CENIDH had access to the document the government imposed on these communities. Titled “Convention of Prior, Free and Informed Consent for the Implementation of the Development Project of the Grand Interoceanic Canal of Nicaragua,” it clearly disobeys ILO Convention 169, as a “perpetual” cession of those territories flagrantly violates the inalienable, unseizable and imprescriptible character of indigenous territories. It also violates the Law of the Communal Property Regime of the Indigenous Peoples and Ethnic Communities of the Autonomous Regions of the Atlantic Coast of Nicaragua and the Coco, Indio and Maiz Rivers (Law 445), which establishes these same three characteristics for the territories of all indigenous and ethnic communities of Nicaragua.
A census with more holes than a sieve
The tension the people of the territories have lived with since 2013 knowing that their farms would be cut through by the canal only got worse the following year with the “property identification” process. Chinese topographers accompanied by Nicaraguan police and army forces, invaded properties, measuring them and leaving boundary markers, without giving the owners any explanation. This generated anxiety and affected their planting and other traditional activities on their farms. A year and a half later the peasants still remember the anxiety that generated, and it hasn’t disappeared.
In October 2014 the government reported that ERM had finished its Environmental and Social Impact Study, and added that a census would be done of the population that would be affected and their land and assets would be classified. That census was taken by experts from the Changing Institute of Survey, Planning, Design and Research Co. Ltd., along with three Nicaraguan institutions: the Attorney General’s Office, the Nicaraguan Institute of Territorial Studies and the General Directorate of Revenues.
The government presented the results more than a year and a half after the census was conducted. However, hundreds of people located along the announced canal route have said they were not included in the census or were included only indirectly through governing party activists or officials, and even through teachers in community schools who got information about the number of family members and the location and size of their farms from the children.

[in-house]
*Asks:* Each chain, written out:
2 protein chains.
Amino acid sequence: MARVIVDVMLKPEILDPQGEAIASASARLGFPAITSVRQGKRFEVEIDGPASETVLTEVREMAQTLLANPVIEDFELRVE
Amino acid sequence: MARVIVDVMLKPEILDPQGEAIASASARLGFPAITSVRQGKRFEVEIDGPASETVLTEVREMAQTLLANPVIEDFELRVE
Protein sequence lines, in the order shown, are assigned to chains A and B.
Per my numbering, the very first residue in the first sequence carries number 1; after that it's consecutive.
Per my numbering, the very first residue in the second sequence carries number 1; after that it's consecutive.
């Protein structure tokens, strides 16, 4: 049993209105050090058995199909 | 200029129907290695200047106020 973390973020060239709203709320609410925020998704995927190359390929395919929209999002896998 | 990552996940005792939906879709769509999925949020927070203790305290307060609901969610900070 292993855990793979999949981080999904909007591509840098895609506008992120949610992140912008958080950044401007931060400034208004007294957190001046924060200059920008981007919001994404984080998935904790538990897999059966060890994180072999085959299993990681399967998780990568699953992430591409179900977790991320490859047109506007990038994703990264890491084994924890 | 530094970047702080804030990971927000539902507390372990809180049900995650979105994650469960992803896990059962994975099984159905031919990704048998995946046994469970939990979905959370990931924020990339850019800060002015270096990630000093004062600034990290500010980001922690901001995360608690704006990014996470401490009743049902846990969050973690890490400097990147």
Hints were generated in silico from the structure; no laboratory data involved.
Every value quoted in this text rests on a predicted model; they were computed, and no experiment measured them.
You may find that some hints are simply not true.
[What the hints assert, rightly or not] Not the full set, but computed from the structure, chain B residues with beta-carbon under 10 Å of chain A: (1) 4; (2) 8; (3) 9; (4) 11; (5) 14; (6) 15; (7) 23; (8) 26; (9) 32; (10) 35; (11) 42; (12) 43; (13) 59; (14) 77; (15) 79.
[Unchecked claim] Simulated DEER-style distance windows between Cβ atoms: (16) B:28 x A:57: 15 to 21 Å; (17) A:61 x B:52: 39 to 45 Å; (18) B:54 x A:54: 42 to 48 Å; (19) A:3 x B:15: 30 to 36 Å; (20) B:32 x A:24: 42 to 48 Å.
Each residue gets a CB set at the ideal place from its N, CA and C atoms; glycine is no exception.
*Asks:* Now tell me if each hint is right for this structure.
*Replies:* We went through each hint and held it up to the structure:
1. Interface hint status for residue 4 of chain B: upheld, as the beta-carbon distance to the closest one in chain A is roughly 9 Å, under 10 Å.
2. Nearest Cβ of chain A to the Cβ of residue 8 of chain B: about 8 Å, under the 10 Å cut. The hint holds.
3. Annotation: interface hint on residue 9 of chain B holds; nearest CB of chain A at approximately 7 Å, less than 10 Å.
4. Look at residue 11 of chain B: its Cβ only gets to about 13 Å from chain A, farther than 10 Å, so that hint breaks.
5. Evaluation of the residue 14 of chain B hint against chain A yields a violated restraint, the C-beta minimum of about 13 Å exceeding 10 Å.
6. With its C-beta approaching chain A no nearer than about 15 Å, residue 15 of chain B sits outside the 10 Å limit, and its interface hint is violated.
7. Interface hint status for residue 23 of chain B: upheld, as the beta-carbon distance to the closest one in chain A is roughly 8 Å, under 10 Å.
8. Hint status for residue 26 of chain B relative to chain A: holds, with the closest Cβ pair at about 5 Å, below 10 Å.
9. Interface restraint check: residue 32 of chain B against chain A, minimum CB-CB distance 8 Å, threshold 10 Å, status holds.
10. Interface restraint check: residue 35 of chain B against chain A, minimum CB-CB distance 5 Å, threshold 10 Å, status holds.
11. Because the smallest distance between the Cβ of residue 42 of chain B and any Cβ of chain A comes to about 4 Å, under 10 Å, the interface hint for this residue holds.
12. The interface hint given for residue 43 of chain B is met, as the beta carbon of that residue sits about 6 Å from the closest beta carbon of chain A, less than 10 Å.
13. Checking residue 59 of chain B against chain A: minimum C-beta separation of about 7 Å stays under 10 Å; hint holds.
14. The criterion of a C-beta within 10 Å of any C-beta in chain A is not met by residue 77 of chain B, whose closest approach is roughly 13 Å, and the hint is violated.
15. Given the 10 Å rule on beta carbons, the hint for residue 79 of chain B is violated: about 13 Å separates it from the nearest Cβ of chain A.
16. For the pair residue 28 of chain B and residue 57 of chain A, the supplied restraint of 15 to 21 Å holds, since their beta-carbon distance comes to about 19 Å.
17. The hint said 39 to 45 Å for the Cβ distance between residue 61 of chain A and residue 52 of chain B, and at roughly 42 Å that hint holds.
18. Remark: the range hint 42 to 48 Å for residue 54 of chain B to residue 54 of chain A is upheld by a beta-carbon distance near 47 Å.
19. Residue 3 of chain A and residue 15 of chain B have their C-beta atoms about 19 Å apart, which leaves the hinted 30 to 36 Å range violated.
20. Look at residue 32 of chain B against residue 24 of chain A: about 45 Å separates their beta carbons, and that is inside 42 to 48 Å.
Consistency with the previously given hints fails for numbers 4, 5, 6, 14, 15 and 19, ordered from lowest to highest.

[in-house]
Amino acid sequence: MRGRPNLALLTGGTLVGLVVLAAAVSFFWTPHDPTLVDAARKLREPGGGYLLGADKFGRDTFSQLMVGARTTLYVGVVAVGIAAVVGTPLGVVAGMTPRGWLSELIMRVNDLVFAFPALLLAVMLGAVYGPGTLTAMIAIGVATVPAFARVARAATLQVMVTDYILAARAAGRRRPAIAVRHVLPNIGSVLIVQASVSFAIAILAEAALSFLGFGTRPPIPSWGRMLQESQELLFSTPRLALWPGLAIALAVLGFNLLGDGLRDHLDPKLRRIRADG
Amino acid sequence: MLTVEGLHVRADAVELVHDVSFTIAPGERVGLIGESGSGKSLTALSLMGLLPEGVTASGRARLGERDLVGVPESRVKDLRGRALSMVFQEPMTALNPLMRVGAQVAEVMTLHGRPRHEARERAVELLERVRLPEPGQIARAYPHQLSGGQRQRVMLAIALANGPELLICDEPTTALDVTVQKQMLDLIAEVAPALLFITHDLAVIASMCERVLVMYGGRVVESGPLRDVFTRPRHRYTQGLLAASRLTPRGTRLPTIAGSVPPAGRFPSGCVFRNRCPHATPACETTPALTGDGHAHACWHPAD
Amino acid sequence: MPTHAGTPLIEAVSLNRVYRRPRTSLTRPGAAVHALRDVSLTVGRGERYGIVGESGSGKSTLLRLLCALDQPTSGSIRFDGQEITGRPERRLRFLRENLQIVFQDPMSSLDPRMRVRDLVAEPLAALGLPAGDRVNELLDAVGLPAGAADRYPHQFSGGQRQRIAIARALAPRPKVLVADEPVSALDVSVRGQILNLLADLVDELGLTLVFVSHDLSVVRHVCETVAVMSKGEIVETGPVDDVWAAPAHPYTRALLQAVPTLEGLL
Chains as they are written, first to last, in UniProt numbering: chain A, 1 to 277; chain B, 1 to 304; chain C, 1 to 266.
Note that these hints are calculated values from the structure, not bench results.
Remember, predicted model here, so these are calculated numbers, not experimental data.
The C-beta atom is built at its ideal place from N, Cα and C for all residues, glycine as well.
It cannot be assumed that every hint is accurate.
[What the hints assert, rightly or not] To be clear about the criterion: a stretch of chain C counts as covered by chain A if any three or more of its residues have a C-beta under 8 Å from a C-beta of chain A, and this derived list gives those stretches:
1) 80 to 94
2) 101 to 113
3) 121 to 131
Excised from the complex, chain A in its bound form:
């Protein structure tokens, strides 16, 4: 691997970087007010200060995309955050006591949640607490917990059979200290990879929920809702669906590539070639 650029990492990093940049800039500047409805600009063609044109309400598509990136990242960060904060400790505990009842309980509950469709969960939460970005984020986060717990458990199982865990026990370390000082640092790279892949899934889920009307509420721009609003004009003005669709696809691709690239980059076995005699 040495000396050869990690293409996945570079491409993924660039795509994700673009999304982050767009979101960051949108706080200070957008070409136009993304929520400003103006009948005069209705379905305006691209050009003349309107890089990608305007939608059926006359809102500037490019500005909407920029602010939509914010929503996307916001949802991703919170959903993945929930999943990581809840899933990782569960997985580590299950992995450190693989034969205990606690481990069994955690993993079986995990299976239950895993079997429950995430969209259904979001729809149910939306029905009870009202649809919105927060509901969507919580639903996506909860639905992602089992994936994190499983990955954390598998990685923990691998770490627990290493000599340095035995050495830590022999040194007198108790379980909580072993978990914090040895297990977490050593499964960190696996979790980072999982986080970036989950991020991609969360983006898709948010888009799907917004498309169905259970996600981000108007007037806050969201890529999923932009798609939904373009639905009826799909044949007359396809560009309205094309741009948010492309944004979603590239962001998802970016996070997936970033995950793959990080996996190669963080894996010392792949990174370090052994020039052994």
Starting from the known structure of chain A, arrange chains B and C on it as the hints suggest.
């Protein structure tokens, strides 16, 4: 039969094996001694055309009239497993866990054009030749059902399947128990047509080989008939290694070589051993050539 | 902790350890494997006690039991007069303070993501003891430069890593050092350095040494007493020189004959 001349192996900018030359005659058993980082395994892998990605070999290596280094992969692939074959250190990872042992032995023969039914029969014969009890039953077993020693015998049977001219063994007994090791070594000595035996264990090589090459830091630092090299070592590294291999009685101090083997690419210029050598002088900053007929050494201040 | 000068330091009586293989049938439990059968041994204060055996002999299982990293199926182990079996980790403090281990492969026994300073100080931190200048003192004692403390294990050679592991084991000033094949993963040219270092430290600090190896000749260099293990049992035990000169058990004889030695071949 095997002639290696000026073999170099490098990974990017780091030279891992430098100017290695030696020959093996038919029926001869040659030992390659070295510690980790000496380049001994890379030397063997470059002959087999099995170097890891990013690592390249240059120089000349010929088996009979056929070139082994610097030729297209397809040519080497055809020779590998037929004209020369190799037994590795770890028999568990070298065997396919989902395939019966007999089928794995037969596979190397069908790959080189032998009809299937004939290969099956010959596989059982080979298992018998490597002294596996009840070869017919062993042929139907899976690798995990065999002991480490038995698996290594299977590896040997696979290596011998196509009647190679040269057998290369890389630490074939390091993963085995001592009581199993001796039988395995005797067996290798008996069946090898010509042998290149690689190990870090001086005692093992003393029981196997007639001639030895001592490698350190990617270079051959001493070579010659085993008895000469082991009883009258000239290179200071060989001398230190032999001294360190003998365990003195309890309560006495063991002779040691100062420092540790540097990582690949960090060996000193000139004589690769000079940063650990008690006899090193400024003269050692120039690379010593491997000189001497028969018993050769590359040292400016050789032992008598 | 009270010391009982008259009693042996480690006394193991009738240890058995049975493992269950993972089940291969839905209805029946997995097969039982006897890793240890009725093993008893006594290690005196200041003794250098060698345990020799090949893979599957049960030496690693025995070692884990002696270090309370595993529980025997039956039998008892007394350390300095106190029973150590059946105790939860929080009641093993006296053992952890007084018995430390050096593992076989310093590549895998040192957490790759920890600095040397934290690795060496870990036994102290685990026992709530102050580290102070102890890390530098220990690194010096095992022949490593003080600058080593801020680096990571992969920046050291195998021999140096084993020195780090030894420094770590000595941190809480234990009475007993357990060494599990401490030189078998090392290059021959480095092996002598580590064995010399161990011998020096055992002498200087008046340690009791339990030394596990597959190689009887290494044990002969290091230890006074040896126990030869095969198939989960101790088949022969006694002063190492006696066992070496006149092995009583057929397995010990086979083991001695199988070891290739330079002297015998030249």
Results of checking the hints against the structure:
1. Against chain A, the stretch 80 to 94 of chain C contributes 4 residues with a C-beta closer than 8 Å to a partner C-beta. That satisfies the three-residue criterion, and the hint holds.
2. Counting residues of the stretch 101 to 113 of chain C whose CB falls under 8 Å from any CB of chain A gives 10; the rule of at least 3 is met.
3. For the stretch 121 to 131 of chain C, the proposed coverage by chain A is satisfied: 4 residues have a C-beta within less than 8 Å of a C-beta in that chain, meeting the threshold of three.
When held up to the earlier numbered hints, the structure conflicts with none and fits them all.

The communities of El Tule, Puerto Príncipe, La Union and La Fonseca confirmed this for us. Of the 131 people who participated in our focus groups, only 3 said they had been included in the census. And 80% of the rest said they knew they had been indirectly included in the census through the schools and other methods. Amnesty International classified the way the Nicaragua government has approached this project as “irresponsible,” “reproachable and illegal.”
“What’s going to happen to us now?”
Francisca Ramírez, a peasant from La Fonseca and a leader of the Council for the Defense of the Land, Lake and Sovereignty described the general feelings of uncertainty being experienced in the communities: “We see that we were owners and were backed by other laws and by the Constitution, but Law 840 killed all the laws and a foreigner came to take what is ours. This has affected our lives and our will to work. We have felt greatly affected psychologically. Many people have had strokes and depression just thinking about how much they’ve struggled and what’s going to happen to their lives now.”
Francisca Ramirez’s leadership is broadly recognized by the peasant sectors organized in the Council, something unheard of, as peasant organizations are usually led by men. Her leadership has now reached national recognition.
Practically all the women and men we talked with in the different communities spoke of uncertainty, anxiety, concern and material and spiritual disruptions. José Sequiera from Quebrada Seca in Río San Juan told us: “I’d lose 63 hectares, 35 of which were given to me by my father and I could never replace that. It would set me back in my work because I’d have to learn a new form of labor as I’ve always lived off agriculture. And our communities are where we’ve made all our friends, where we’ve buried our loved ones in our cemeteries. This situation affects us emotionally; we can’t sleep.”
William Pineda, a Municipal Council member from Puerto Príncipe explains it like this: “It isn’t only the suffering over the loss of their properties. They also have psychological problems because, how are you going to sleep if you’re thinking that in a number of days you could be expropriated? How are you going to eat well if you’re thinking you’re going to leave this place? The peasants aren’t farming, they’re not cultivating their land because they say ‘This area’s going to be expropriated.’ And where will we go?”
The anxiety only worsened with the aerial study done along the canal route, which started in December 2015 and continued until March 2016. It consisted of flights only about fifty meters above the roofs of the houses of many communities located along what would be the canal route. These flights provoked fear in the families because they were reminded of the war years of the 1980s. Those territories were war scenes back then and it’s impossible to not remember the military overflights.
The uncertainty in the zones we visited has caused families to hastily sell their lands and migrate from communities in Nueva Guinea to other areas of Nicaragua and Costa Rica.
Repression and obstacles against peasant protest
As of the end of 2016 there have been more than eighty peasant marches rejecting the canal project, four of them national, of which two were in Managua, one in Juigalpa and another in Nueva Guinea. That makes this a massive autonomously developed social movement, unheard of in the country.
In 2014 the peasants opposing the project decided to organize the Council for the Defense of the Land, Lake and Sovereignty, which brings together a representation of the affected populations, has local leaders from all along the canal route and leads the protest marches. The Council collected 27,000 signatures to present a citizens’ initiative to the National Assembly demanding that it repeal the canal’s concession law. The majority of the governing party’s legislative representatives dismissed the initiative out of hand.